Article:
The judge said the case could have been shortened by mediation and that the lawyers should have advised their clients to seek mediation instead of letting them face the delays and expenses of running a trial.

As a result, mediation became part of local divorce proceedings.

As Judge Brassey said, ‘The best time to mediate is before the litigation begins. It is not a sign of weakness to suggest it. It is the hallmark of common sense. Mediation is a perfectly proper adjunct to litigation. The skills are now well developed. The results are astonishingly good. Try it more often.’

How do you choose?

Many of South Africa’s divorce mediators are accredited by the South African Association of Mediators, a non-profit professional organisation, to regulate those involved in family mediation through education, training and facilitation of family-related matters.

Every detail discussed during mediation remains strictly confidential and the only information made public in court is that agreed to by both parties in the memorandum of understanding.

Pretoria-based divorce mediator Dr Amanda Boniface of RSA Mediation says, ‘Divorce mediators are impartial and are specifically trained in mediation techniques.

They aim to get disputes resolved quickly and amicably. Divorce mediators don’t fulfil the role of an attorney or advocate, nor are they counsellors.

They can, however, refer divorcing couples to other professionals where necessary.’

Julian says that a mediator’s job is to help isolate and resolve critical issues and make sure that money is spent wisely by investigating all the options available during the process.

How mediation works
A divorce coach, Julian, explains, will offer the opportunity for everyone to meet face-to-face in a relaxed environment to ensure the smoothest possible change.

The Family Life Centre, a founding member of the South African National Council of Mediators, works in co-mediation teams.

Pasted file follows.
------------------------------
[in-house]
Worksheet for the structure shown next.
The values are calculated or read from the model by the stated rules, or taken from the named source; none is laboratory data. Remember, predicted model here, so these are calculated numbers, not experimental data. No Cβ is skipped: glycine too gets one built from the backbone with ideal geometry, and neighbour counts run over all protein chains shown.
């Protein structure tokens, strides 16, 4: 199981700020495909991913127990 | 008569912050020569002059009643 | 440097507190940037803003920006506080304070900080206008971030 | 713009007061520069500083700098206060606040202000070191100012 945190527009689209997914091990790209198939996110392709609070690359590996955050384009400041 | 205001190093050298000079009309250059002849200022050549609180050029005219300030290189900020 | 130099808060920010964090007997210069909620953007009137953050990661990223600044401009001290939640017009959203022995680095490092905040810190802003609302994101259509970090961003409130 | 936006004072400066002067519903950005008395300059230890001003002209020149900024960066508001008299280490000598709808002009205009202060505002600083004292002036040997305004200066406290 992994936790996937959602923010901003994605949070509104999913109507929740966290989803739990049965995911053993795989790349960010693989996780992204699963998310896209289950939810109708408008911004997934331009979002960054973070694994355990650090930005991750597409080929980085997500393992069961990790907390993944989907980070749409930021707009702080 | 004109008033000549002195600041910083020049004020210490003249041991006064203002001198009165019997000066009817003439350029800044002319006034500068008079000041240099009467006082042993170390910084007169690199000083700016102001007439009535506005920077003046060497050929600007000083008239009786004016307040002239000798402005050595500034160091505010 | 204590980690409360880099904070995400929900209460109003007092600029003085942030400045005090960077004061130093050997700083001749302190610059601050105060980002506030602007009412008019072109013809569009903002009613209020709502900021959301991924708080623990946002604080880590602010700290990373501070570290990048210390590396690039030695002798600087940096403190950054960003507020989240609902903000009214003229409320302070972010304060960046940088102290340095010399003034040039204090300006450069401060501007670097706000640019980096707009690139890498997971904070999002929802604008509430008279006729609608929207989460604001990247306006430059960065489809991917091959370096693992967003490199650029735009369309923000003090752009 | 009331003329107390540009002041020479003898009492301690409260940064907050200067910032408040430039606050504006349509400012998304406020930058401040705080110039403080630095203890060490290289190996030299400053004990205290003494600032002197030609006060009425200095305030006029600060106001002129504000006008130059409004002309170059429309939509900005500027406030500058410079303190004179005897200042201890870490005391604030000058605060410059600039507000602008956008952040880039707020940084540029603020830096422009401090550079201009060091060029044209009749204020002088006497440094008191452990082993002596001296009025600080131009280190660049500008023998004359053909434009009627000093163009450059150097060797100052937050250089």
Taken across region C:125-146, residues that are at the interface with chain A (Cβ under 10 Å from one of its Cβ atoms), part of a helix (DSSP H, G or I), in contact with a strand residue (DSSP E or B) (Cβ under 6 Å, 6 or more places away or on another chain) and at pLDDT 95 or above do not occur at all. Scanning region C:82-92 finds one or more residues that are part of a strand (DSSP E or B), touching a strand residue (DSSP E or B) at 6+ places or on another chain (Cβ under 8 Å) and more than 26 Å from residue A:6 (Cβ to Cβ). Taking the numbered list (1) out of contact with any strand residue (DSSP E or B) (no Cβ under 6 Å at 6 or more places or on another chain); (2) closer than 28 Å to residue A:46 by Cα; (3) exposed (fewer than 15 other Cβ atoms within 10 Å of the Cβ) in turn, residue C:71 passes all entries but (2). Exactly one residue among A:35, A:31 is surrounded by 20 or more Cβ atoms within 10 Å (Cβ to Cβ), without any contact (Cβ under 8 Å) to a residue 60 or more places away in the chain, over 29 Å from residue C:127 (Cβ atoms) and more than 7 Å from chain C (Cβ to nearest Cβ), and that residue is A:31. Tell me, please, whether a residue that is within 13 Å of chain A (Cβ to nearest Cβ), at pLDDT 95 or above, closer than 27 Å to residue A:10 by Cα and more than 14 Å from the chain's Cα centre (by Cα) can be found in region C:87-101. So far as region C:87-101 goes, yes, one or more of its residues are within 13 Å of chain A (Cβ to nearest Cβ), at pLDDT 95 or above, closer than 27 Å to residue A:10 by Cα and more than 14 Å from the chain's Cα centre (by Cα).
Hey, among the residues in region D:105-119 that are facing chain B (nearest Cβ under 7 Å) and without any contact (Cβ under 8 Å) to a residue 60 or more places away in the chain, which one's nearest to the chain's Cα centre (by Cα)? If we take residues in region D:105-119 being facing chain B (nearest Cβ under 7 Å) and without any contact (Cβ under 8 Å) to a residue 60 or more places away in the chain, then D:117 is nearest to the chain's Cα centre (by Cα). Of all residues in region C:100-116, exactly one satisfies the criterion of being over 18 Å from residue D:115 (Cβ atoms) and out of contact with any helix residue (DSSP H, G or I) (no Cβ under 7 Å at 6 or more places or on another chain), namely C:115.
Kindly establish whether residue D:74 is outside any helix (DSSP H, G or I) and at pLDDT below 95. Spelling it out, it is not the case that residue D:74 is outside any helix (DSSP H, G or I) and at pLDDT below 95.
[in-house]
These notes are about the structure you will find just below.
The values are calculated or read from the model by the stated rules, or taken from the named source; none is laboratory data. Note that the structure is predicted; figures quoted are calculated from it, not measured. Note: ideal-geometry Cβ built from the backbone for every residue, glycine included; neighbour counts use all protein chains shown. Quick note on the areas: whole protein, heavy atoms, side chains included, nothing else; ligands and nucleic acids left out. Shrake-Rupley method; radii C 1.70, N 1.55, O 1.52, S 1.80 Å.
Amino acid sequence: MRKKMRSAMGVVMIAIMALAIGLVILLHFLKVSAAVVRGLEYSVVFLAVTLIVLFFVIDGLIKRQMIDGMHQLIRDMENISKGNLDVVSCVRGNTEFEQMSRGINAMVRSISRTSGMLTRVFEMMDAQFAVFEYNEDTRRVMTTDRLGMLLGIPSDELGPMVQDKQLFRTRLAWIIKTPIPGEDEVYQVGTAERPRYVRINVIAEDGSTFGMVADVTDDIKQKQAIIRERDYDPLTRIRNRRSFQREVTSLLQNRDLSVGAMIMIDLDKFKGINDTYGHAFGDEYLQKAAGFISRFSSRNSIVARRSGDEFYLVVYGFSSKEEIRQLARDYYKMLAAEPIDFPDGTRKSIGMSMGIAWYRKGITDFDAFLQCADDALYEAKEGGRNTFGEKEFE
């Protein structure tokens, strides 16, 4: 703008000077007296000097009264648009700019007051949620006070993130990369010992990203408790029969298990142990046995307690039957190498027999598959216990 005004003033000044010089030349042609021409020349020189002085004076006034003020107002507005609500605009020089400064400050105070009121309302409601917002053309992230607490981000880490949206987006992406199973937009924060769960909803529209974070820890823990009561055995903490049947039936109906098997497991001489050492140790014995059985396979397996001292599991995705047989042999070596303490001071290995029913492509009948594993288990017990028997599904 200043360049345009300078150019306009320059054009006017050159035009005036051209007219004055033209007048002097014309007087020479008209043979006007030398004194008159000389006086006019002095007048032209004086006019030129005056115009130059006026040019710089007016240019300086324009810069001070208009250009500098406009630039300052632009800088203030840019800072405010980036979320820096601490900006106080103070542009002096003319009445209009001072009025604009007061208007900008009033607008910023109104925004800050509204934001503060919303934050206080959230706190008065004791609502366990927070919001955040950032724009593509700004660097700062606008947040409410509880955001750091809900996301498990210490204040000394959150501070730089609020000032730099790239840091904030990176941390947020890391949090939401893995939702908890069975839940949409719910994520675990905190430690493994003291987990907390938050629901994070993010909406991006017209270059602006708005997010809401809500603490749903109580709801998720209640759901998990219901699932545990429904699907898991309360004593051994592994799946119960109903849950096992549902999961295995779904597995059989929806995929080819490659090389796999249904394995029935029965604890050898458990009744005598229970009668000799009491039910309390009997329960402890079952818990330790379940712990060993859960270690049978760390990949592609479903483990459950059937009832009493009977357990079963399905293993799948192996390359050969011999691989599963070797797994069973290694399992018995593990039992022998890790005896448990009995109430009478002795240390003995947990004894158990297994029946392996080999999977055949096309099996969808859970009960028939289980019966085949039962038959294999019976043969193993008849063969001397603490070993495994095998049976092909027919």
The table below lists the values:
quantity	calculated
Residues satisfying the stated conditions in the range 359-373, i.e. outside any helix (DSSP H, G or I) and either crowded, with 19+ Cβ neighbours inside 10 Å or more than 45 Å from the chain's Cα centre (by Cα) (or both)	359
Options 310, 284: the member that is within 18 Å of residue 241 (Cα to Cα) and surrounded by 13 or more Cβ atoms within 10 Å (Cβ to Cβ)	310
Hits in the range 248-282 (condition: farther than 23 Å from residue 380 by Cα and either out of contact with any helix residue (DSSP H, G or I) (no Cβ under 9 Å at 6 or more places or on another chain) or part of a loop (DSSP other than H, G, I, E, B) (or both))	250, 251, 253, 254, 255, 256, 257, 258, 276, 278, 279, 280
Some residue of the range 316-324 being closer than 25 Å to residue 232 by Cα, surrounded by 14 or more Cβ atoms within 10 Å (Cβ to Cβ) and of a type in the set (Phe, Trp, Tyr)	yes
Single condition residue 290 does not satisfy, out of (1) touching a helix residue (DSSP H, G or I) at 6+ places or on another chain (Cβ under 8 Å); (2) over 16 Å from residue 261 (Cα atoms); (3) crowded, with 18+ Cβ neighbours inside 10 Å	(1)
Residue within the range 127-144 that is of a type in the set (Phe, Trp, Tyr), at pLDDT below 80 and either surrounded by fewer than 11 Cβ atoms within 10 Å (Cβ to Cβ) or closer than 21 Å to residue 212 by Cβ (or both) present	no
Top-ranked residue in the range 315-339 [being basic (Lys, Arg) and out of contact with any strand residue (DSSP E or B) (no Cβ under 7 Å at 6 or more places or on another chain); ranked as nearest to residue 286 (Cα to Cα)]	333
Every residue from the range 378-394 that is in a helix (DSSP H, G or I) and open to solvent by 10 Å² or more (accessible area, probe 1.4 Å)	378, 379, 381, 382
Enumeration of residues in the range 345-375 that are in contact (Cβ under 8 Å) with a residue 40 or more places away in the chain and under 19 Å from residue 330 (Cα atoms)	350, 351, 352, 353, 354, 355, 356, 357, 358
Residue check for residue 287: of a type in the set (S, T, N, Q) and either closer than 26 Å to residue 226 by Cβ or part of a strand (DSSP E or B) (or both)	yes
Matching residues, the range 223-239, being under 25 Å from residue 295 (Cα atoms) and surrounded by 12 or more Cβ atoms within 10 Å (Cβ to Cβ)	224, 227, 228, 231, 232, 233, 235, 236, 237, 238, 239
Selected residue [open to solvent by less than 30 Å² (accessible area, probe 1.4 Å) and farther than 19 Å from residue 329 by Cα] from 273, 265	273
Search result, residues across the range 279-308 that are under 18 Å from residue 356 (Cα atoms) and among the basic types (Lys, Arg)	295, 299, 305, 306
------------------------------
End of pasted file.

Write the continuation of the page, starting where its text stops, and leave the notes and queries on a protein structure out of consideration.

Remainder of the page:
Andrew Park from the centre’s Mediation Department says it uses two mediators: one who’s legally trained and the other a social worker, counsellor or psychologist.

Other mediators usually work solo, unless they need to refer the couple to a professional.

The aim is to provide the parties with as much information as they need to make an informed decision when drawing up their memorandum of understanding. This drafted agreement is what the couple takes to their respective attorneys, the Family Court or the High Court, to be turned into an agreement of settlement when they divorce.

One size does not fit all Not every situation can be mediated, says Julian. ‘Unfortunately that’s the reality.

There are cases that involve domestic violence, where one party is afraid to be in the same room as the other.

That’s why we also do a domestic violence check before going into mediation,’ he says.

Amanda agrees. ‘Mediation is usually not indicated in cases that involve mental health problems, such as personality disorders, or where there is drug or alcohol abuse.’

Julian concludes, ‘The aim is to make sure that everyone has a smooth divorce process. If everything works out, then the former spouses can even come out on the other side as friends.’

» For more information on Julian’s divorce workshops and coaching, email

Contact the Family Life Centre on 011 788 4784
For RSA Mediation, see
For Ali Murray, see